Understanding the relationship between residential environment, social exclusion, and life satisfaction of private renters in Shenzhen

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Abstract

The recent revival of the private rented sector in many regions highlights the importance of understanding the well-being of private renters. While there is a consensus that private renters are less satisfied with their life than homeowners, little attention has been given to examining the life satisfaction of private renters from different sub-sectors, nor has the underlying mechanism linking residential environment and life satisfaction been thoroughly investigated. The present paper aims to address these gaps by examining the life satisfaction of private renters from different sub-sectors in Shenzhen, China. We propose a model, based on Amérigo and Aragones’ (1997) theoretical framework, that links residential environment, social exclusion, and life satisfaction. The model fits well with the data collected from 619 renters. The results showed that only 38% of the respondent private renters were satisfied with their life. Furthermore, we found urban village renters were significantly less satisfied with their life compared with renters living in commercial housing and Long-term Rented Apartments. Path analysis results suggest that some objective aspects of the residential environment, renters’ perceived social exclusion, and their residential satisfaction could explain a substantial proportion of the variances in life satisfaction while the influence of demographic variables was found to be insignificant. Perceived equal citizenship rights, perceived discrimination, and perceived reasonable rent were shown to have significant effects on life satisfaction. The paper concludes with a discussion on policy implications aimed at enhancing the life satisfaction of private renters.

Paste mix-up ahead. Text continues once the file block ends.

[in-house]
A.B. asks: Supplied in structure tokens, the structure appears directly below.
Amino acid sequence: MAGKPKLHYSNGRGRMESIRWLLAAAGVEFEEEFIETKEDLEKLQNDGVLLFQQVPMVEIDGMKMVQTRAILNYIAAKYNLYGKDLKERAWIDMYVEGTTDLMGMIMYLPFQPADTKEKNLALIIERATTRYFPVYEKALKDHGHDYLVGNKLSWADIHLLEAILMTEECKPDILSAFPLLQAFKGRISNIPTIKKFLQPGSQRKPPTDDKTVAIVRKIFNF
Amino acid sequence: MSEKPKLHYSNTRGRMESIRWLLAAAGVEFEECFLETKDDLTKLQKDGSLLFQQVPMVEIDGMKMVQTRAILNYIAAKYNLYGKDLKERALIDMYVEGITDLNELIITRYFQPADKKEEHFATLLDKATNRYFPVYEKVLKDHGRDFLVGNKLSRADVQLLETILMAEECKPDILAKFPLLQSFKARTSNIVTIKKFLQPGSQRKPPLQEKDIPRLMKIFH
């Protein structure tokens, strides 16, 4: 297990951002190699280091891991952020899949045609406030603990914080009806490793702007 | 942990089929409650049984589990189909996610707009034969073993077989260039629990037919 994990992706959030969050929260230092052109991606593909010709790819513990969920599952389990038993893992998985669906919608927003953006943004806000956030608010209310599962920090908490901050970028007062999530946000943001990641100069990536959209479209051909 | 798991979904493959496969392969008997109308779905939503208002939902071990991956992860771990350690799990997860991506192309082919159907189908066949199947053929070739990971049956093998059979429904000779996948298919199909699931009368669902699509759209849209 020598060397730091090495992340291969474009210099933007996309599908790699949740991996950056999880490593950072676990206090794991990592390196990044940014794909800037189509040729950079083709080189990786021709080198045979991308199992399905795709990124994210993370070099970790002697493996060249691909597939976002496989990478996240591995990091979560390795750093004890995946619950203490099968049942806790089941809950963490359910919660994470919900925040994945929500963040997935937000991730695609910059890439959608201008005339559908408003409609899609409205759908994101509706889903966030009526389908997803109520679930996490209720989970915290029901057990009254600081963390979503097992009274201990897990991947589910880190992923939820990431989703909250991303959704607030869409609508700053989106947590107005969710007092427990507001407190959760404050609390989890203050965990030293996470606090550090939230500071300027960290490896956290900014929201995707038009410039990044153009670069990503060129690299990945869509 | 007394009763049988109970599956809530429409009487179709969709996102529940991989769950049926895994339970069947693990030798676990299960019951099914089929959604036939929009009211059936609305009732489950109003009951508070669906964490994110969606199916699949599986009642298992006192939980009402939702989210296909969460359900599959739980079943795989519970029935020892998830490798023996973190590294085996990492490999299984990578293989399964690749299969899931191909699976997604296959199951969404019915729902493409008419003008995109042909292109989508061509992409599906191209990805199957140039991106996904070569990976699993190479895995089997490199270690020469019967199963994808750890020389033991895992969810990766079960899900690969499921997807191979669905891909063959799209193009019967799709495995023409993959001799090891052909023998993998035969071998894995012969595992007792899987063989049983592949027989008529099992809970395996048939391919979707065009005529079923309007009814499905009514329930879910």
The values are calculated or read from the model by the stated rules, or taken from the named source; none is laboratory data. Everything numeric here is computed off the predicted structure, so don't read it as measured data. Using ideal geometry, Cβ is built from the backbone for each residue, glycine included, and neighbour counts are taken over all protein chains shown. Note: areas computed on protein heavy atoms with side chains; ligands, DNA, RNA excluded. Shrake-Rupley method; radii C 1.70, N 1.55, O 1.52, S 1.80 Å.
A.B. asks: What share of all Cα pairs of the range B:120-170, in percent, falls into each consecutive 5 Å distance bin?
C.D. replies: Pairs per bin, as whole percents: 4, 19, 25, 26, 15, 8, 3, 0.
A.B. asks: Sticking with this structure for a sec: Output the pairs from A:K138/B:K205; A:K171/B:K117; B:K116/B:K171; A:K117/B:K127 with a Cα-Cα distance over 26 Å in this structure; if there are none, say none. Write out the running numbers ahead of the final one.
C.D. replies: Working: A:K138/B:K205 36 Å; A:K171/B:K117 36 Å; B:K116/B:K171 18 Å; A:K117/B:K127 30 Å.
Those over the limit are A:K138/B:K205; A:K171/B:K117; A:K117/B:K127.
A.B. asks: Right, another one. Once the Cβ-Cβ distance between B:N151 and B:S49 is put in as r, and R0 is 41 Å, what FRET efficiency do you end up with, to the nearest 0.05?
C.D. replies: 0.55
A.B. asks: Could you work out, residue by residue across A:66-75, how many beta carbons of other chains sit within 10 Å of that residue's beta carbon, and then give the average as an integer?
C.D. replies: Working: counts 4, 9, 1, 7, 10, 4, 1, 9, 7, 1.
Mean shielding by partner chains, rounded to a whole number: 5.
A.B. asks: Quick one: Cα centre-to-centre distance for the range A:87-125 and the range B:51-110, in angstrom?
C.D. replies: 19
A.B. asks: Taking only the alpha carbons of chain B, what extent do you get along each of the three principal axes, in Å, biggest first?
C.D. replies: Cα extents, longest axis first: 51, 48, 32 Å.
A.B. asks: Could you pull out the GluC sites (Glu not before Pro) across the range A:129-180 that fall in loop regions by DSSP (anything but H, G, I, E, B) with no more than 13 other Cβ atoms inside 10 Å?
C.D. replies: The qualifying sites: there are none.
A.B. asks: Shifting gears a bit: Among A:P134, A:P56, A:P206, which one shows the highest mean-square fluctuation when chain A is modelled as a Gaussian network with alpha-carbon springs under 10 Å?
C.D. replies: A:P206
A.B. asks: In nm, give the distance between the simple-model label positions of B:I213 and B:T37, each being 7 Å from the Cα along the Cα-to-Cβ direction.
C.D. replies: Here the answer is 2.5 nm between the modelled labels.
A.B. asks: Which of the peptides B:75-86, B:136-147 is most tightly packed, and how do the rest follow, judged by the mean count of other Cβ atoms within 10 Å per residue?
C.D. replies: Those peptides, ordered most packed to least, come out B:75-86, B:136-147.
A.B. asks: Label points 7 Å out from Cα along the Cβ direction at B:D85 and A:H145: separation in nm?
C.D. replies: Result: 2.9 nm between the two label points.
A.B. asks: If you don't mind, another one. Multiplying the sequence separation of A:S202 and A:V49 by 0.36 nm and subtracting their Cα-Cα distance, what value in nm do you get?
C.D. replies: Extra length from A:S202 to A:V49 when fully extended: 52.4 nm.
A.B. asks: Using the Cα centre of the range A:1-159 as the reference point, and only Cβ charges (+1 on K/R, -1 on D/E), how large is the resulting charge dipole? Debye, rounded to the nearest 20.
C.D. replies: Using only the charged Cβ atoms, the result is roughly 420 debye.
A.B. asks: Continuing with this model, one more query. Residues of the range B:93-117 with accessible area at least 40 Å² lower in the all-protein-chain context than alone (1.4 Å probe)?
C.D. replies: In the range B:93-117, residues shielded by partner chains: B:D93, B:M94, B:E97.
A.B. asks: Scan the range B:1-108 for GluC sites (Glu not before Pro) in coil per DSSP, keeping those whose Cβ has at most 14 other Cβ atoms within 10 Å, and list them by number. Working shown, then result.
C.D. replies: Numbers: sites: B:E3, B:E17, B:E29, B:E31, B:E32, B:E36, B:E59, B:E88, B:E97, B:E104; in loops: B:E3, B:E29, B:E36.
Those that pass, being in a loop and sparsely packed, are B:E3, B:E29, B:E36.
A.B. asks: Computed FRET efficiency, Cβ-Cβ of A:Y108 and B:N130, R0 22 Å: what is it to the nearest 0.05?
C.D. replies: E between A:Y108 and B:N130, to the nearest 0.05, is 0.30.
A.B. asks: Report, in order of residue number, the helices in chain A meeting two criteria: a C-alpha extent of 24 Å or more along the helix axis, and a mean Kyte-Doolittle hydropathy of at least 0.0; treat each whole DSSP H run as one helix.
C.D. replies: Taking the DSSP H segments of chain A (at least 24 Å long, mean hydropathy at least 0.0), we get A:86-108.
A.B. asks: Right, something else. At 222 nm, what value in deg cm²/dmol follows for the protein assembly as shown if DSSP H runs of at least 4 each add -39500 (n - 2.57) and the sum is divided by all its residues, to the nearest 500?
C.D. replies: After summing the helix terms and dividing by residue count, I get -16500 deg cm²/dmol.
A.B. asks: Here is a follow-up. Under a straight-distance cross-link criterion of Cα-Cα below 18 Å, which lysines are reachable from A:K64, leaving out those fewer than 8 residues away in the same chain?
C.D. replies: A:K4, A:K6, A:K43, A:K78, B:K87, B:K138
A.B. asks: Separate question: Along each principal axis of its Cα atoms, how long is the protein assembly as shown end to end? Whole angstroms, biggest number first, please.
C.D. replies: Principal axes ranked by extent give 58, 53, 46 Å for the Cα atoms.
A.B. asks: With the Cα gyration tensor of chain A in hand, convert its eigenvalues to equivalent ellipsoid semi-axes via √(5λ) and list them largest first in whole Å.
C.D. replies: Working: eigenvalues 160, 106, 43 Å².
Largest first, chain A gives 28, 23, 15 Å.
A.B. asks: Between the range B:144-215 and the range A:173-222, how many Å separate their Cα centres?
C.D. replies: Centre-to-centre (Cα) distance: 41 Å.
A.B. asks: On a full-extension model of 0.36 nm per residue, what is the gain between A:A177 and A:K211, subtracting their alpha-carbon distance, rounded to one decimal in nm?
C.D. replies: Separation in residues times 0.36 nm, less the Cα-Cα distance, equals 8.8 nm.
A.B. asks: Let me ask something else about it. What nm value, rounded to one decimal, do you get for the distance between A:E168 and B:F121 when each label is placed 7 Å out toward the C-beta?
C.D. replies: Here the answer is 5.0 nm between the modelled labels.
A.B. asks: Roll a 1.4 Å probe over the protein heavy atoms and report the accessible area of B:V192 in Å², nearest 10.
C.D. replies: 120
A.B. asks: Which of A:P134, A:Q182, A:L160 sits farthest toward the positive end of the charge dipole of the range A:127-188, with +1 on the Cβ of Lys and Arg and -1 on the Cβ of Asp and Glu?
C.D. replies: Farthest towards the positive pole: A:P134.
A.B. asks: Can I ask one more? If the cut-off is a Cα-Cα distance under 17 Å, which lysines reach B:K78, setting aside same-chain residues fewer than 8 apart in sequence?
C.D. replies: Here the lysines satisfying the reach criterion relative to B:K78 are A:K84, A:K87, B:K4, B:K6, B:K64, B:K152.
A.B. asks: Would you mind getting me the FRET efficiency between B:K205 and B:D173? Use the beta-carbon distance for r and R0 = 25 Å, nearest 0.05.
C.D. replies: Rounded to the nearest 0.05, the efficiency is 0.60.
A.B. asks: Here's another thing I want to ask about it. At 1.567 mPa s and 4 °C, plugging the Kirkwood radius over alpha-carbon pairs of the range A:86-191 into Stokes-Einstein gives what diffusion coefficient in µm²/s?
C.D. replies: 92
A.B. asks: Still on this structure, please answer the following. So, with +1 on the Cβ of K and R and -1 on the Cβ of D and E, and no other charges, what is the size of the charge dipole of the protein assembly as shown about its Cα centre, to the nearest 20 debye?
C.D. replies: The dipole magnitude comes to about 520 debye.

Original languageEnglish
Pages (from-to)2449-2472
Number of pages24
JournalJournal of Housing and the Built Environment
Volume38
Issue number4
DOIs
Publication statusPublished - 2023

Keywords

  • Life satisfaction
  • Private renters
  • Residential environment
  • Residential satisfaction
  • Social exclusion
  • Sub-sectors

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